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. Last Updated: 07/27/2016

BOOKWORM: God's Survival Path Through Soviet Russia

After the Bolshevik Revolution of 1917, the Russian Orthodox Church inevitably became the enemy of the new atheist state.

Cathedrals and monasteries were closed and destroyed; priests were sent to labor camps or the gallows; and believers were repressed in every possible way. Even the name of God was banned, and the censors would rigorously cross out colloquial expressions like "God knows."

The miracle of the survival of the Orthodox Church -- one of the pillars of tsarist Russia -- can be attributed not to divine intervention, but two very pragmatic concessions.

First, Stalin needed the church to unify and strengthen the resolve of the nation during World War II. Second, the church authorities were prepared to collaborate with the state, informing on their colleagues and congregants in order to be allowed to exist, if only for the benefit of the babushkas.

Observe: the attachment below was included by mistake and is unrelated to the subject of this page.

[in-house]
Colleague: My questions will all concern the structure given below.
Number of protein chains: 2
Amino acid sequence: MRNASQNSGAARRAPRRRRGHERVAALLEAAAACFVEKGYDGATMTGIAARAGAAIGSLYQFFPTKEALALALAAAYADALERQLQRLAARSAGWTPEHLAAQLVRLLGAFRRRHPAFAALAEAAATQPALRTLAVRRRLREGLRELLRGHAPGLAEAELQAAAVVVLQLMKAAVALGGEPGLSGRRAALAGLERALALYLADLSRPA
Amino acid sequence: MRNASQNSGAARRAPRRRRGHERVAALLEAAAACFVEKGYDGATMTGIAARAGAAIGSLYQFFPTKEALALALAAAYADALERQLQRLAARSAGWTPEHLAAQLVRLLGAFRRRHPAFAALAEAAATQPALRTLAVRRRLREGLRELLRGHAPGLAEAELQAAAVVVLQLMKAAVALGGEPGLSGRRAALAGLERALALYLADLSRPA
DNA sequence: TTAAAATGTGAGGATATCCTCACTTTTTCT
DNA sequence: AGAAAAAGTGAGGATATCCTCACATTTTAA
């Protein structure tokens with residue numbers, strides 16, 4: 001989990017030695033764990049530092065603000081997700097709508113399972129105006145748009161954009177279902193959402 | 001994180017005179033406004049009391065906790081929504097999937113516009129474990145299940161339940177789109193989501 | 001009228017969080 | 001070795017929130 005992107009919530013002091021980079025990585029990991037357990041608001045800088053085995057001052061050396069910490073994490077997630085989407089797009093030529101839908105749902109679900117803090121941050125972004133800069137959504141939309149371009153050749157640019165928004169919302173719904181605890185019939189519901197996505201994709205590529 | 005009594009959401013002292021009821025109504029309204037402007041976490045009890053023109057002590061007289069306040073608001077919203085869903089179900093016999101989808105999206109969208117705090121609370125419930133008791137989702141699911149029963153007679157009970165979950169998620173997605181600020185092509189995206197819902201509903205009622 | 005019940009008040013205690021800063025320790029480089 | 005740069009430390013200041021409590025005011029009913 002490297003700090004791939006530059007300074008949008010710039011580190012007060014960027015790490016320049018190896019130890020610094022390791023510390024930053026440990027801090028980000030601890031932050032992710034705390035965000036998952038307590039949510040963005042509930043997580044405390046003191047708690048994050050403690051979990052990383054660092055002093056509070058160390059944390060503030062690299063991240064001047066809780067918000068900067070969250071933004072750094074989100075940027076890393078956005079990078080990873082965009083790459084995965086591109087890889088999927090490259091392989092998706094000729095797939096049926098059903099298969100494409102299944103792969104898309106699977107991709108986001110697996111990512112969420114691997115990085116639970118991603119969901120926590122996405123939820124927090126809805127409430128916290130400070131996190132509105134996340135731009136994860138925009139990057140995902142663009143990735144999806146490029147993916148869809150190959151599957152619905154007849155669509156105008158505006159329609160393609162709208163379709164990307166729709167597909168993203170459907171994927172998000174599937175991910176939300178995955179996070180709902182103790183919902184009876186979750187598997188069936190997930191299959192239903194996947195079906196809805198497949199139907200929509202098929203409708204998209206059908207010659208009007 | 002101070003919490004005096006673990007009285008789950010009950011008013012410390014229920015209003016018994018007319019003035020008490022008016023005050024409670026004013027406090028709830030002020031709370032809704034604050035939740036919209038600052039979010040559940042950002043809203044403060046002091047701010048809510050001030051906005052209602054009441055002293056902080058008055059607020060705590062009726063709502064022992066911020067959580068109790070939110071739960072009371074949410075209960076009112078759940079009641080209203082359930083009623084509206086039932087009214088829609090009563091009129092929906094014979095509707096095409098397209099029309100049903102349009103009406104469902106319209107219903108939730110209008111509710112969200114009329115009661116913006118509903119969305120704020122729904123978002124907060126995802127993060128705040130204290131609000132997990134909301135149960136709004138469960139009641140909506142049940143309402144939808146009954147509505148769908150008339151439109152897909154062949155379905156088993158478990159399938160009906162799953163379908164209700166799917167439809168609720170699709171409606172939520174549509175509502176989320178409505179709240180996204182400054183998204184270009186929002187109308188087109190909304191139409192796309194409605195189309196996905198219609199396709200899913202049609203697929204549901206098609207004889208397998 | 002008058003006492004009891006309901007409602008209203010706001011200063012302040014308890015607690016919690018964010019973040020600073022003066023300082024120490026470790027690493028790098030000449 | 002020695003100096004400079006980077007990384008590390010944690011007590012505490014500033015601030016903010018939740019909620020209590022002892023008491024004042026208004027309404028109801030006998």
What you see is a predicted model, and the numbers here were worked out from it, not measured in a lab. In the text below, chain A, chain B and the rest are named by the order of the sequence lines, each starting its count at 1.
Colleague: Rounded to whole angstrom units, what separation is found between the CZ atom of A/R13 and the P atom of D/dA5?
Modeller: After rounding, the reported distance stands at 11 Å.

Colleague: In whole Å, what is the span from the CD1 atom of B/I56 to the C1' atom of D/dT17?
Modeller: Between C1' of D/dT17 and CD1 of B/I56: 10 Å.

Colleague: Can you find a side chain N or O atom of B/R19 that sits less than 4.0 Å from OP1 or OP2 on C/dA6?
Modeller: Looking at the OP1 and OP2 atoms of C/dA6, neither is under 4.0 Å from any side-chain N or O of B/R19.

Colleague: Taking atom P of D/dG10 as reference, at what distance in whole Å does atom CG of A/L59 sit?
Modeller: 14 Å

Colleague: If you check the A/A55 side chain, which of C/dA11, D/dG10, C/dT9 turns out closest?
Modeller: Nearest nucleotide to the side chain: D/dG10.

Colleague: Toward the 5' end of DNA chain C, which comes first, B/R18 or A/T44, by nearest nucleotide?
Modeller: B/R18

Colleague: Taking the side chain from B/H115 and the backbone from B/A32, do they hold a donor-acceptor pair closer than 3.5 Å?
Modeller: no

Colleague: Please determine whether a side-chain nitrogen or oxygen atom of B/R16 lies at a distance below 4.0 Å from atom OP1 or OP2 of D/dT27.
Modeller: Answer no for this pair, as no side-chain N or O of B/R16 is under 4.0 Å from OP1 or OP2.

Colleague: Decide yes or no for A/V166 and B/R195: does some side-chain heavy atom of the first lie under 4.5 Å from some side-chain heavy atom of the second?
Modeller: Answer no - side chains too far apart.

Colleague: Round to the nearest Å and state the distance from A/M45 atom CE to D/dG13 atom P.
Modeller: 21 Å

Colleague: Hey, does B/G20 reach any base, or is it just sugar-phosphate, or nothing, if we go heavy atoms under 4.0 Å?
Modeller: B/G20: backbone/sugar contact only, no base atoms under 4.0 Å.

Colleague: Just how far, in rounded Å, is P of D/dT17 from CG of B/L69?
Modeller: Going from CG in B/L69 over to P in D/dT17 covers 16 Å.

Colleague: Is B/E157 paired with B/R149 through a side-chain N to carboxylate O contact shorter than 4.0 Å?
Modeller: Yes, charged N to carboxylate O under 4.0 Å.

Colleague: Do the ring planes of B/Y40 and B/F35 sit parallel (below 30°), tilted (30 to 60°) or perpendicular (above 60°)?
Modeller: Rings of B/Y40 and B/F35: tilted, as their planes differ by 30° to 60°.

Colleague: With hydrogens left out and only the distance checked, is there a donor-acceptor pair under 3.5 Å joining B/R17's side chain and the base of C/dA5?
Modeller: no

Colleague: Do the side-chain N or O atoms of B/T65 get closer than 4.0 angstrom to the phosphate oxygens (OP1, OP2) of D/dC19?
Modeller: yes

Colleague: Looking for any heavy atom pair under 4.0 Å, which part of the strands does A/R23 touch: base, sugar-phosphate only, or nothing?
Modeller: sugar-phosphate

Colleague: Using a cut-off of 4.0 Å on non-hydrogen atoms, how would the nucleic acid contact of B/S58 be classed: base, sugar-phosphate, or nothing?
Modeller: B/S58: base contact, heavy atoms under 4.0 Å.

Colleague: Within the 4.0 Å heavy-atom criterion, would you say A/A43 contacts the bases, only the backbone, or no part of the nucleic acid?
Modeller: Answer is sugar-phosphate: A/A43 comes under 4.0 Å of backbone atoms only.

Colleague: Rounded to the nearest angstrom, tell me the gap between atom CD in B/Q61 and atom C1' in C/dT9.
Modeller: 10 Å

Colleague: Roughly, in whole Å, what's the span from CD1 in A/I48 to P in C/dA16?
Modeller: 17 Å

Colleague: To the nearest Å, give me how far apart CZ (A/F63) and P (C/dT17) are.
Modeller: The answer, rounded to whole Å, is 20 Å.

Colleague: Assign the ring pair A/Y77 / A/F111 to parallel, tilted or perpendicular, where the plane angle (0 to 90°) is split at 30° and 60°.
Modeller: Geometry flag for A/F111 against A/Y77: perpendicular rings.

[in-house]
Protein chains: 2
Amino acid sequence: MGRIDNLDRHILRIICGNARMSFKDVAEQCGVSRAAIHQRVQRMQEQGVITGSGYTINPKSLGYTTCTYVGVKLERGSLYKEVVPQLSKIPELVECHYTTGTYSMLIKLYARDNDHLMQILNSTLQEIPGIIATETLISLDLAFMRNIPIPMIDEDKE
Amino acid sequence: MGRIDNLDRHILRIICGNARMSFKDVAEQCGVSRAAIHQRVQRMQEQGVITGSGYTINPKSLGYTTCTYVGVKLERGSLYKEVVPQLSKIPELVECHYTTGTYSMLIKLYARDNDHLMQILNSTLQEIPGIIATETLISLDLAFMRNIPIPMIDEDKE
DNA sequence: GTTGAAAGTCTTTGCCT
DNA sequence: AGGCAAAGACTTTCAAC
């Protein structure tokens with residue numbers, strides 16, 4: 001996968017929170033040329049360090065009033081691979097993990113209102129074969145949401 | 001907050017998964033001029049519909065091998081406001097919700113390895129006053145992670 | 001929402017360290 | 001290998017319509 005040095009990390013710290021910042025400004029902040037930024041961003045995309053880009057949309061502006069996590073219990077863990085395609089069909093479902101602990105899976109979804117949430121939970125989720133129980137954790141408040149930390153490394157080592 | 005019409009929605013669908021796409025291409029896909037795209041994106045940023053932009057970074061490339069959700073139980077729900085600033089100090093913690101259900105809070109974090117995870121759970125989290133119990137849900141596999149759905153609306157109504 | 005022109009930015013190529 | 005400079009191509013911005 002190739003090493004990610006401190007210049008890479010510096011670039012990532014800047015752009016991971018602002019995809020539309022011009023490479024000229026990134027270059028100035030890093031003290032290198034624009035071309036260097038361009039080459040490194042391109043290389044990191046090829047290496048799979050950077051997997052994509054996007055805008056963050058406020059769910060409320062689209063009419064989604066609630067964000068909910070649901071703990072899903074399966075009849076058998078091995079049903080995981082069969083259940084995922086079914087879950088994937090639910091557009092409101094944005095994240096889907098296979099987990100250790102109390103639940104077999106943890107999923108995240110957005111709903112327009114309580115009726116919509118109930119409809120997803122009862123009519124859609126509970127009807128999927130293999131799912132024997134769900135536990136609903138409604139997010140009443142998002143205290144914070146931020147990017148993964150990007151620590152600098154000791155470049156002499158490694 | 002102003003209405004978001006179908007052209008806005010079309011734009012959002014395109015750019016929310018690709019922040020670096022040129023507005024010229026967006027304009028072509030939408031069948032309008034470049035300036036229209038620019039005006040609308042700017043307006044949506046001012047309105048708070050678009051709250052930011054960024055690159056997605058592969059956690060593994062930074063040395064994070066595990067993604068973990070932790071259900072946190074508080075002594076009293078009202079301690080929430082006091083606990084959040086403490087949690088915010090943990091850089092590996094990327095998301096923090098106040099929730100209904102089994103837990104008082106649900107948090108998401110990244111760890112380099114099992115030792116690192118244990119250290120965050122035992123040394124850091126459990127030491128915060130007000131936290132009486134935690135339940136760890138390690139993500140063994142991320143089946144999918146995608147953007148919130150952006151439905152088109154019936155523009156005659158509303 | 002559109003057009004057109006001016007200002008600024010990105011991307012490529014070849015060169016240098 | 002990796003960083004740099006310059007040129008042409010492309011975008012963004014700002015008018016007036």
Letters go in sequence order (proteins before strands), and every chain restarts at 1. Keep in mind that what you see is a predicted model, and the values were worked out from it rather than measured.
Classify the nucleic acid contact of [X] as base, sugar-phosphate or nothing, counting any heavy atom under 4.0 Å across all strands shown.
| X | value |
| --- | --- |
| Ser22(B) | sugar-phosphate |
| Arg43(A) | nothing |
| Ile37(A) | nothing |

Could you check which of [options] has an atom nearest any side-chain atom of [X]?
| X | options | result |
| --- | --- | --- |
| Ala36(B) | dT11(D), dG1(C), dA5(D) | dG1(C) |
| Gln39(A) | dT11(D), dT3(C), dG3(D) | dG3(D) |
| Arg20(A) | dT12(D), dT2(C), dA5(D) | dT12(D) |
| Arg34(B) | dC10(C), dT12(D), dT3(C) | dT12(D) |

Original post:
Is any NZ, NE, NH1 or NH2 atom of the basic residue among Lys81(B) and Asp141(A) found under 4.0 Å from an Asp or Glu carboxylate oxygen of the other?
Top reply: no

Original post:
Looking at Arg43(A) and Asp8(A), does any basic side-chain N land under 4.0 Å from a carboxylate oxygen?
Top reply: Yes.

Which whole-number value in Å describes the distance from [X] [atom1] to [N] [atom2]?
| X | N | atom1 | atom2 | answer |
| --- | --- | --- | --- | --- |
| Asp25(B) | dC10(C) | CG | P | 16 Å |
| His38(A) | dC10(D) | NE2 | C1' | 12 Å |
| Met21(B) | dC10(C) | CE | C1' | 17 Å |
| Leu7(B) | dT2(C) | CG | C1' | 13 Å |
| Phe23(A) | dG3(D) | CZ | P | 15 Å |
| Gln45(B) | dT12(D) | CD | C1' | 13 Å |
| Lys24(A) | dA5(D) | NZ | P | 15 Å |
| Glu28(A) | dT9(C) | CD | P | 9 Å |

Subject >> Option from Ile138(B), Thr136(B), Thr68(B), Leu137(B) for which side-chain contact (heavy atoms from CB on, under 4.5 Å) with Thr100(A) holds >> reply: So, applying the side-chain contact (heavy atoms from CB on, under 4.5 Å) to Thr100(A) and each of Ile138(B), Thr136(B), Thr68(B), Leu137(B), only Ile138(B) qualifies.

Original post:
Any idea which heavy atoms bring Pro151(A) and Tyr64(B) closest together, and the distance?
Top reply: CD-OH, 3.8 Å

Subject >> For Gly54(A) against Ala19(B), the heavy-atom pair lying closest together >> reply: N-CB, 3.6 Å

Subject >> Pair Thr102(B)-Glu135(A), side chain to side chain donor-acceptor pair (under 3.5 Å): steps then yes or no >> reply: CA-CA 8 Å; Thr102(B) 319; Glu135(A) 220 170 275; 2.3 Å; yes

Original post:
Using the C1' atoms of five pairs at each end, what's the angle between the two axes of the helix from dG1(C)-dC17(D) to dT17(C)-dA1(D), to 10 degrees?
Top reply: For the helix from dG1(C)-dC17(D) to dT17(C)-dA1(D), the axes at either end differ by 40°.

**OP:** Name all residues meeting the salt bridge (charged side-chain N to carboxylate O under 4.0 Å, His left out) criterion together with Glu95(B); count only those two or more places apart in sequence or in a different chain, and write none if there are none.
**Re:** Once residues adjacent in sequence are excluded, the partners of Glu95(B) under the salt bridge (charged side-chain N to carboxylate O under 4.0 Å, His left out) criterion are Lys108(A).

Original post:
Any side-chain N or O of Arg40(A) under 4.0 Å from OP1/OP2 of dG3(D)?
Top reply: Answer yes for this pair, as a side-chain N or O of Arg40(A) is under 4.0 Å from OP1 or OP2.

Alexander Nezhny, a journalist and secular historian, recently published The Interrogation of the Patriarch, ("Dopros Patriarkha"), under the Graal imprint. It sells for the ruble equivalent of $5. The book is a collection of new and previously published essays on the battle between church and state and the martyrs and traitors within the church.

The first part of the book is taken up with detailed biographical portraits, laden with fact and emotion, of Patriarch Tikhon, who was executed alongside Metropolitan Veniamin, and of the daring Bishop Andrei, formerly Prince Ukhtomsky, as well as of their persecutor, Commissar Yemelian Yaroslavsky.

The second part of the book is devoted to analyzing the current situation in the Russian Orthodox Church. And the final part is a guide to basic ecclesiastical topics, which may be of use to new believers.

Nezhny's approach -- his belief in the nobility of the human soul, and his willingness to judge people unequivocally -- has all the merits and the limits of the "shestidesyatniki" (intellectuals who came to prominence during the Khrushchev Thaw).

However, despite this, or perhaps because of it, this is the best existing book about the Russian Orthodox Church in the 20th century.